Haley Cavinder and her twin sister Hanna retired from basketball after leading Miami to the Elite Eight in 2023. But now Haley is set to return in 2024.

Cavinder entered the transfer portal in October with the intention of playing the 2024-25 season, her agent Jeff Hoffman told ESPN. And on Monday, she posted photos of herself in a TCU uniform. “The last rodeo #committed,” her caption read.

As a starting guard for Miami, Cavinder averaged 12.2 points and 4.9 rebounds per game last season. She earned second-team All-ACC honors and helped the Hurricanes to their first appearance in the Elite Eight in the NCAA Tournament.

TCU brought in former Oregon star Sedona Prince for the 2023-24 season. And now the Horned Frogs will bring in Cavinder for her final year of eligibility. Both Prince and Cavinder have an extra year of eligibility available due to the COVID-19 pandemic.

Haley Cavinder’s NCAA career is not over.

Cavinder had previously announced that she and her twin sister Hanna would retire from college basketball after spending last season with Miami. But on Friday, Cavinder entered the transfer portal, with the intent to return to the court for the 2024-25 season, her agent Jeff Hoffman told ESPN.

“See you next season,” Cavinder wrote on Instagram.

Cavinder, a guard, averaged 12.2 points and 4.9 rebounds per game last season, earning second-team All-ACC honors and leading the Hurricanes to their first appearance in the Elite Eight.

The Cavinder twins have a massive social media following, and together, they became stars of the first NIL wave in college athletics. In 2021, they signed NIL deals with WWE, and in April they announced they would forgo their final seasons of college eligibility to pursue opportunities with the sports entertainment company.

“I started with her, so at the end of the day, I want to end basketball and start our new lives together, but it was definitely difficult for me,” Cavinder said at the time.

Cavinder will spend the next year training with her sister for WWE, according to ESPN, and then work toward one final season of college basketball.

The Cavinder twins transferred to Miami for last season after playing together at Fresno State for three seasons. On their joint TikTok account they have 4.5 million followers.

The Cavinder twins are “disappointed and disgusted” with a recently published article about their NIL deals, Hanna Cavinder wrote in a statement posted to her Twitter account.

The publisher reached out to the former Miami basketball players under “a false pretense” and perpetuated “a blatant sexist trope” in the profile, Cavinder said.

Hanna and Haley Cavinder, who made their names known on social media and took full advantage of the NCAA’s name, image and likeness policy, agreed to an interview for an article that “would be written about life after NIL, why we didn’t take our fifth year, our passions, and business opportunities,” Hanna Cavinder wrote.

Both twins played at Miami in the 2022-23 season after transferring from Fresno State, helping the team to an Elite Eight run – which included an upset of No. 1 seed Indiana. Haley Cavinder started for the Hurricanes, averaging a team-leading 12.2 points per game.

After the season, they opted to forego their fifth year of eligibility to pursue their careers outside basketball. They have been exploring the possibility of joining WWE, but there is no timeline for a decision, The Athletic reported last week.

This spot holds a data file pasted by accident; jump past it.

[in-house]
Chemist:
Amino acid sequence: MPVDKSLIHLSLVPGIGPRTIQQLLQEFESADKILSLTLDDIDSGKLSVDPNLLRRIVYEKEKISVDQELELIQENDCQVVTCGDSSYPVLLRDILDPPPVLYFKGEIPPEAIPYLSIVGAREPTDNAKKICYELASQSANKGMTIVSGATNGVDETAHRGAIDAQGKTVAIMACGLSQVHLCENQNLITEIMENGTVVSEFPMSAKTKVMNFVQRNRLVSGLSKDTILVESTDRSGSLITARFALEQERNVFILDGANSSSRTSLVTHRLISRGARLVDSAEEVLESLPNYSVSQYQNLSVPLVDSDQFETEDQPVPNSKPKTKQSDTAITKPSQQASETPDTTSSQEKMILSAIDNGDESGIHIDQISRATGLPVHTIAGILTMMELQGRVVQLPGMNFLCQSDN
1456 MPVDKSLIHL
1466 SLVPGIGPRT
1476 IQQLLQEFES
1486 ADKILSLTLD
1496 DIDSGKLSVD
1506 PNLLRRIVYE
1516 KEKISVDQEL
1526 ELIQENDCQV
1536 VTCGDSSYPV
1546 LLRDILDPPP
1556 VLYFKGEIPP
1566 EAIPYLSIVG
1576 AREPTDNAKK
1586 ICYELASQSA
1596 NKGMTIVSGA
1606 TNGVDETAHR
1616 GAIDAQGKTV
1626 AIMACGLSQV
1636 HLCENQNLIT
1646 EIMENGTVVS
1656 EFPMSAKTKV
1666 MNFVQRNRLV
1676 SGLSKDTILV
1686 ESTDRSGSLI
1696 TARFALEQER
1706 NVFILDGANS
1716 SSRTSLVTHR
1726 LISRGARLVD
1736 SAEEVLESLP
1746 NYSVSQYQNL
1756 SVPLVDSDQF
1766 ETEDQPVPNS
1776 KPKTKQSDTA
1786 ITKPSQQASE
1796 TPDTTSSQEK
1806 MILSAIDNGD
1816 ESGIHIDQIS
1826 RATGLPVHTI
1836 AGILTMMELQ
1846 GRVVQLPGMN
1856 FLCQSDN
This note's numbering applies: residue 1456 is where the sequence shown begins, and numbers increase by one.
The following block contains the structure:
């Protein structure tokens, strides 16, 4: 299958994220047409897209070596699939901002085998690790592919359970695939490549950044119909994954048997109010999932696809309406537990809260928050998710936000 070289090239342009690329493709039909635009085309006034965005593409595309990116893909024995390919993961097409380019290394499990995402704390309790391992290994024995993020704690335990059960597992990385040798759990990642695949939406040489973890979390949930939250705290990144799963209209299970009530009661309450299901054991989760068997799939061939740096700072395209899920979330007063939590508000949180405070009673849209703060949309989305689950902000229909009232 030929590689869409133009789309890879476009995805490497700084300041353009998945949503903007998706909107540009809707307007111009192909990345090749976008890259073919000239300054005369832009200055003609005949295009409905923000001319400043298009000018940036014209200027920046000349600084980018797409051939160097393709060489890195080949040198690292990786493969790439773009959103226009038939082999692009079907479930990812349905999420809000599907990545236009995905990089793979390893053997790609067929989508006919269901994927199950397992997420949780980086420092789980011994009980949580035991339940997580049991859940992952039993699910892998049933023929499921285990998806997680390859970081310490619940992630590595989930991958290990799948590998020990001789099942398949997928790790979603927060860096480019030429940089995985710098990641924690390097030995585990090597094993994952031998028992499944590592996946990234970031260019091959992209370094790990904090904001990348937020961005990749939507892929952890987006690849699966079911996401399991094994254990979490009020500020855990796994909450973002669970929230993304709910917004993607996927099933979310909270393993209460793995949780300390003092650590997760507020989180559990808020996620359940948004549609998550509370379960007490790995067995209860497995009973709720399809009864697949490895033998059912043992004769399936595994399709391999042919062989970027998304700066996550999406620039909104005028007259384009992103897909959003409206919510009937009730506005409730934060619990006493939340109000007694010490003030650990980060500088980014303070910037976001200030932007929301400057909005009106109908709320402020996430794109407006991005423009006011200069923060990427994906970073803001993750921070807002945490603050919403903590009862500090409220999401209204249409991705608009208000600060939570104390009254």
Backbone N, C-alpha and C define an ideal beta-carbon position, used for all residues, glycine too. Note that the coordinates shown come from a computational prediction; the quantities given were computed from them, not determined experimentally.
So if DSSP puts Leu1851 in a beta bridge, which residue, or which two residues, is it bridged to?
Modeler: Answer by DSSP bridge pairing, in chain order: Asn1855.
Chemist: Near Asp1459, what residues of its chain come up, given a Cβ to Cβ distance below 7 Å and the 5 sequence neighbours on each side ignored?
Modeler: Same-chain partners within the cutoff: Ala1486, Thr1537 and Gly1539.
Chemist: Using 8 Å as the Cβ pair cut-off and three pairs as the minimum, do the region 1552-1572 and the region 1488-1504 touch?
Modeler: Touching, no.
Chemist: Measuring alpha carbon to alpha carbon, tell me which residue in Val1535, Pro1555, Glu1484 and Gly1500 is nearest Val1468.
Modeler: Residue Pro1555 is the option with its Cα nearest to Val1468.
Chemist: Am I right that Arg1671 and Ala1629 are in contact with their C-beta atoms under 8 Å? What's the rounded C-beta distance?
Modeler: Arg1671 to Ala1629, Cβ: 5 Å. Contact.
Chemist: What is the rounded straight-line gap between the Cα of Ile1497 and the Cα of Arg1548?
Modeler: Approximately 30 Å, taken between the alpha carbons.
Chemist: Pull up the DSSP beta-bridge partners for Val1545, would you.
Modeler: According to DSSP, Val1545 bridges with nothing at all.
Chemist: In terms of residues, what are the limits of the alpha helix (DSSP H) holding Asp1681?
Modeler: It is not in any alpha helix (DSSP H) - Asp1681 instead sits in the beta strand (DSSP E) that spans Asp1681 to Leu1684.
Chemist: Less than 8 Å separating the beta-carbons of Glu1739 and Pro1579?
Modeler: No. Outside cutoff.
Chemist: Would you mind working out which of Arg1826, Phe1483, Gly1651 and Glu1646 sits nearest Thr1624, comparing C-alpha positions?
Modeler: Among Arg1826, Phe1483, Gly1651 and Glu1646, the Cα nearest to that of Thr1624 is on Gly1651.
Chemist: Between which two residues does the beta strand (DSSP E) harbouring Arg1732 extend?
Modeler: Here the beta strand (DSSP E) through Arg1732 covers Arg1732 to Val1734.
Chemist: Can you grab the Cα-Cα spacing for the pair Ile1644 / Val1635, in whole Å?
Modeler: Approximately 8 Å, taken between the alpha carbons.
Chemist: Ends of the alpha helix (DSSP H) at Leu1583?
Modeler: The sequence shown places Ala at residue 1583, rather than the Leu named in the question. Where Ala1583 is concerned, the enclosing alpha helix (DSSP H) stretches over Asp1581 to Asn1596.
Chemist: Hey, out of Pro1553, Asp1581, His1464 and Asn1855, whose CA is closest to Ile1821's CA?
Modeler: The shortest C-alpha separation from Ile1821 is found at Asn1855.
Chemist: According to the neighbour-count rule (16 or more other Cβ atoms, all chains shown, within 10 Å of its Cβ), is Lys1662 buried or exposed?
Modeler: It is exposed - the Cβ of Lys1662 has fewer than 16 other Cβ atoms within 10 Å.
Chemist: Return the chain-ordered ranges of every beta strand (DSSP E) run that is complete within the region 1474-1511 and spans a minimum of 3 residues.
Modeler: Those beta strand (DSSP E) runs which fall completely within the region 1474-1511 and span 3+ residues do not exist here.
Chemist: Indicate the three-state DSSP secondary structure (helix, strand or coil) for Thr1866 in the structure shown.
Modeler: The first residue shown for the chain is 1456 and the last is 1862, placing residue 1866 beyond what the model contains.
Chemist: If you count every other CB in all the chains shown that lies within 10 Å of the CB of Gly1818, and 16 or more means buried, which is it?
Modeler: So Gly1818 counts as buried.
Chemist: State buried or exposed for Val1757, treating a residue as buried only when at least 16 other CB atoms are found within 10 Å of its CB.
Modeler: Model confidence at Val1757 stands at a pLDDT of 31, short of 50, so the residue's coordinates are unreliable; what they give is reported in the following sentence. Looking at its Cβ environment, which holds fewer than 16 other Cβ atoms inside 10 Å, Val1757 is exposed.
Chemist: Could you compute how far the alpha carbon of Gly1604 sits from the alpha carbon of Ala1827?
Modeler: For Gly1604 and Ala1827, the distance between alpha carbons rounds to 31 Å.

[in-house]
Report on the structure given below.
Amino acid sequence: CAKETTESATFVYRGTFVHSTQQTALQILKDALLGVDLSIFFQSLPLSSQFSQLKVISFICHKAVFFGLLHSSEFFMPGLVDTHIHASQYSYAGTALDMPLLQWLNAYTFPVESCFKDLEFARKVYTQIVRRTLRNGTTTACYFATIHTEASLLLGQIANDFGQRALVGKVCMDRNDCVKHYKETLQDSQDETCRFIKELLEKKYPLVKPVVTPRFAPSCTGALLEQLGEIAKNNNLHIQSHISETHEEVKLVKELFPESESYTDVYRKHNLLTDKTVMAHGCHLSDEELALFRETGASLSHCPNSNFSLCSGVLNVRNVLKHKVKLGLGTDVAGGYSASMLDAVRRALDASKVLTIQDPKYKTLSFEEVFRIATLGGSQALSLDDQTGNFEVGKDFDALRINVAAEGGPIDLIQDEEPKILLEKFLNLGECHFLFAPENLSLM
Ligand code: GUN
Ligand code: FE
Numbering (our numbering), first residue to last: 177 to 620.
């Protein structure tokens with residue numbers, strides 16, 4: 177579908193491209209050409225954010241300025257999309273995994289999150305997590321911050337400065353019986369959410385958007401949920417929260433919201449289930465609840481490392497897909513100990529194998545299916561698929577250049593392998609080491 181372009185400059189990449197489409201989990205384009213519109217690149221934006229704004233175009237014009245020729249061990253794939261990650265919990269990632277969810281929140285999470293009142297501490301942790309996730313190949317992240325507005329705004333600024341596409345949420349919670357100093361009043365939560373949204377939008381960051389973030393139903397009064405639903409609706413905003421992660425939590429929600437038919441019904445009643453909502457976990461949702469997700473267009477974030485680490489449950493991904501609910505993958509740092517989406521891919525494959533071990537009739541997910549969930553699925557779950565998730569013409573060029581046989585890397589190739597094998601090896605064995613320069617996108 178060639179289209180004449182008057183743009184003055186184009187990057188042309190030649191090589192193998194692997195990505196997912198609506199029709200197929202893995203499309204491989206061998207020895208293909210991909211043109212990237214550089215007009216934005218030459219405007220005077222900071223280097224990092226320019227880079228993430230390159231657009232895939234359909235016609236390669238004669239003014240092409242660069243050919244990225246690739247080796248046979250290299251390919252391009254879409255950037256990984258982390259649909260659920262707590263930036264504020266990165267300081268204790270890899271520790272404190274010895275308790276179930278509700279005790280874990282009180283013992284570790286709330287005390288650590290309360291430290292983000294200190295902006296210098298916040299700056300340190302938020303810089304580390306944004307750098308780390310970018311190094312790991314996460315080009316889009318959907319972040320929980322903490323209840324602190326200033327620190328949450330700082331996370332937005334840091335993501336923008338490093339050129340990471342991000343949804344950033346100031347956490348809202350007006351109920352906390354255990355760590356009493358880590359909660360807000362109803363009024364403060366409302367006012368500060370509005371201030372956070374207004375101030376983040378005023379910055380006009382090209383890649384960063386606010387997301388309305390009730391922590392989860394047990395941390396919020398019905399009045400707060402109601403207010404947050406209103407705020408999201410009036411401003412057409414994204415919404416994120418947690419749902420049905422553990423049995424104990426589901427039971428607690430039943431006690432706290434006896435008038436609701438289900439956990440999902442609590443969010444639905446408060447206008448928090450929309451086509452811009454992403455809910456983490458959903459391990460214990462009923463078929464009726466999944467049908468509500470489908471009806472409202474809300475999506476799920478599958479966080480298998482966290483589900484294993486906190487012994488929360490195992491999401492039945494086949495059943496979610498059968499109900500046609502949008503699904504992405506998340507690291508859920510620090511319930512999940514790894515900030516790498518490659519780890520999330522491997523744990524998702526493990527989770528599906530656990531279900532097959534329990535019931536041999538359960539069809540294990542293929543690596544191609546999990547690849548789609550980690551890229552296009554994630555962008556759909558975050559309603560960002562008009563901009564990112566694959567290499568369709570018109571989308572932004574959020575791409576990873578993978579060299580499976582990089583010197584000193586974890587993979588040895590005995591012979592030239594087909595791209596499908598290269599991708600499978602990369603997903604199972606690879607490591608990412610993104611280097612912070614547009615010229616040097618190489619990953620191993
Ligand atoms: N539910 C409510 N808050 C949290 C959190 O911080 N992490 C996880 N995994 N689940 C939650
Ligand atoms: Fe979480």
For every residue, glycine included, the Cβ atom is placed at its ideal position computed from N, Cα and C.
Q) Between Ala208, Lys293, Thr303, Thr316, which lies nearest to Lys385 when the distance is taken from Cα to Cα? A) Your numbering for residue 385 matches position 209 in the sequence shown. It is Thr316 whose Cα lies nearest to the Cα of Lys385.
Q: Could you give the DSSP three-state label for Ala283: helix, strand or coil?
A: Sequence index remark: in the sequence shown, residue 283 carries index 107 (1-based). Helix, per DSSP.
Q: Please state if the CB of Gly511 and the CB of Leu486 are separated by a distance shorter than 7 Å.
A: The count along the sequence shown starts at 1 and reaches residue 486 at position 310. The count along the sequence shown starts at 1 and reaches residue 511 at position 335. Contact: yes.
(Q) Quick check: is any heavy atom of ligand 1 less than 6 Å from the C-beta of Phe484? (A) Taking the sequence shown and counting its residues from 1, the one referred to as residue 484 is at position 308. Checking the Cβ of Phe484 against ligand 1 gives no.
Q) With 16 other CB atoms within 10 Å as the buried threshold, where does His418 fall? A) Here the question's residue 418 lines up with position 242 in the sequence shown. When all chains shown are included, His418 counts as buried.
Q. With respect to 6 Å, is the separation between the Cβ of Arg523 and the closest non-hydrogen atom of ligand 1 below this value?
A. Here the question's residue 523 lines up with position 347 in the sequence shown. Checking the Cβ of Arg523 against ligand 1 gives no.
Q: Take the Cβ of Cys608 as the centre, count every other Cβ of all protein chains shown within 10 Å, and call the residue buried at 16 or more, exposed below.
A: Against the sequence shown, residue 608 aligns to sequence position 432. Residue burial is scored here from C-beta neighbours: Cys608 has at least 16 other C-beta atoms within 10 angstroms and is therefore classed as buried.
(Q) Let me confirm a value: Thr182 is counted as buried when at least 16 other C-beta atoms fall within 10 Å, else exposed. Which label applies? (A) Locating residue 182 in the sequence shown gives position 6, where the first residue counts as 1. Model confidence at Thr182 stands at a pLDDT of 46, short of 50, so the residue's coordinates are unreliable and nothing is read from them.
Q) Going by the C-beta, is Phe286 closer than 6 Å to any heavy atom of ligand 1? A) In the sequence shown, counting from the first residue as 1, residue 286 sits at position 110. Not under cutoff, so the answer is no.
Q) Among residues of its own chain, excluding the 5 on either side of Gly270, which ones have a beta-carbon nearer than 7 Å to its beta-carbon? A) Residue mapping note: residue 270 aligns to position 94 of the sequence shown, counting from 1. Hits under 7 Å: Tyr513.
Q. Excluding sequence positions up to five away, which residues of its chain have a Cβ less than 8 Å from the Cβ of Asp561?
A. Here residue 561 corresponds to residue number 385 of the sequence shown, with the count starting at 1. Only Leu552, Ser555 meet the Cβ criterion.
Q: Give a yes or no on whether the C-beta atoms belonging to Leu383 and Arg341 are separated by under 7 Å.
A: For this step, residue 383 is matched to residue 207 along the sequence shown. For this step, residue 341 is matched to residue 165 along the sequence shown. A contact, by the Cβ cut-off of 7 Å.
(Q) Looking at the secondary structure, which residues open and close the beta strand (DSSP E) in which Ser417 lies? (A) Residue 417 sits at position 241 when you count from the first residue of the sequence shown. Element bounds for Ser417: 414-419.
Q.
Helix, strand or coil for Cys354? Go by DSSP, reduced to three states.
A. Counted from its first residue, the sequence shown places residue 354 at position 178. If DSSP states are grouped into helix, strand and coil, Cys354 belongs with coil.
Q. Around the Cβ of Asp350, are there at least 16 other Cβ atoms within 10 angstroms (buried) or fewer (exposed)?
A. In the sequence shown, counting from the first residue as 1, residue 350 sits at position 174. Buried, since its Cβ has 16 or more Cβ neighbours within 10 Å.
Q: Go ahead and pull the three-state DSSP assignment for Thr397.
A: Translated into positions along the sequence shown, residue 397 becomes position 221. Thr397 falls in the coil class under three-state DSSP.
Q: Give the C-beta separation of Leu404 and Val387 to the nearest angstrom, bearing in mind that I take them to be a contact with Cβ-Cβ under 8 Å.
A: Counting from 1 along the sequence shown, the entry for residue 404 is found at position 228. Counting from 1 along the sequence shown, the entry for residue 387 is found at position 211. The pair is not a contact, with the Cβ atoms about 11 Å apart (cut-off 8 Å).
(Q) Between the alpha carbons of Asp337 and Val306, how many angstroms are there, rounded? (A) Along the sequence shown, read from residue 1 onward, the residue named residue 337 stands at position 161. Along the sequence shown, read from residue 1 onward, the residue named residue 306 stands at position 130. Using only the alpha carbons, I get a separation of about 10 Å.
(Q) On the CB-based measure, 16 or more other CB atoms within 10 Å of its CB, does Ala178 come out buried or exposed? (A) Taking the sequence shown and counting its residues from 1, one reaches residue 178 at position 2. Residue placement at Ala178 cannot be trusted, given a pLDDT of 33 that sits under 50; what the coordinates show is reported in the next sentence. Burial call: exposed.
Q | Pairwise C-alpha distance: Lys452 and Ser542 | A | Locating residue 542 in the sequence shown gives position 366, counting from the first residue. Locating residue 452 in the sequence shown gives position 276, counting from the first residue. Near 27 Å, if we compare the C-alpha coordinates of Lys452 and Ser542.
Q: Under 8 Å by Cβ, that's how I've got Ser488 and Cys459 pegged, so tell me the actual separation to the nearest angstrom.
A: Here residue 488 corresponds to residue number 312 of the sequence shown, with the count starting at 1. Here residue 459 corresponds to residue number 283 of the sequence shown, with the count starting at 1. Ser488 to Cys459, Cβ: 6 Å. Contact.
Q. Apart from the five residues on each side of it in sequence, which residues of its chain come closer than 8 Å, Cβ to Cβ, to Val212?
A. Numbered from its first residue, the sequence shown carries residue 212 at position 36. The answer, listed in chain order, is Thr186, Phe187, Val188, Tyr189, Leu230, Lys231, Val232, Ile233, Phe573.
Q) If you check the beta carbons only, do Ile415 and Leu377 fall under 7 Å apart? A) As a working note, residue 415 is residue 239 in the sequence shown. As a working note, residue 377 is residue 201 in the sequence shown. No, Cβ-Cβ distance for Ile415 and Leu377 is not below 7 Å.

The Free Press, a Bari Weiss-led publication, pitched the profile to the Cavinders as “a very important story not only in the context of women’s college sports but new media culture and business,” Hanna Cavinder wrote.

Instead, the article — titled “The NCAA Has a ‘Hot Girl’ Problem” — describes the twins as “not really two separate human beings as much as a single, self-contained brand with 6.4 million followers across all platforms.”

“Thing is, the athletes now profiting are not necessarily the ones with the most athletic prowess,” the article continues. “Or at least that’s the case when it comes to female athletes.”

The Cavinders took issue with the profile for its reductive presentation.

“The subsequent article not only demeaned our athletic and business accomplishments it furthered the narrative that hard working, creative and driven women can only do well if they are deemed attractive,” Hanna Cavinder wrote. “The piece disregards our work ethic and dedication towards NIL and business endeavors.

“Instead, he degrades us down to ‘hot girl(s).’ … We are both disappointed and disgusted by this journalism practice and blatant sexist trope. We only wish to inspire young woman to chase their dreams, work hard, think big. Now we must also defend them against men that wish to sum their potential to physical appearance.”

The 2023 NCAA Women’s Basketball Tournament ended in an action-packed final weekend, from two thrilling semifinal matchups on Friday to LSU’s national championship win against Iowa on Sunday.

While we’re still waiting on ratings for Sunday’s title game on ABC, the rest of the tournament shattered records. The Final Four game between Iowa and South Carolina averaged 5.5 million viewers, the most for a semifinal on ESPN networks and the most-viewed college basketball game (men’s or women’s) on ESPN since 2008.

The women’s tournament is currently included in a TV deal with 28 other sports’ NCAA tournaments. But that contract with ESPN expires in 2024, and the momentum of women’s basketball could give the tournament its own TV deal in the upcoming bargaining cycle.

“I think the biggest opportunity there — and I would argue that the investments that have been made in the women’s game have had a tremendous return to the women’s game and to the players and the coaches and everybody else — is the fact that the timing on the bid associated with this is perfect,” new NCAA president Charlie Baker told reporters Saturday. “Basically, this thing is going out this year and it’s going out on the heels of what will have been the most successful tournament…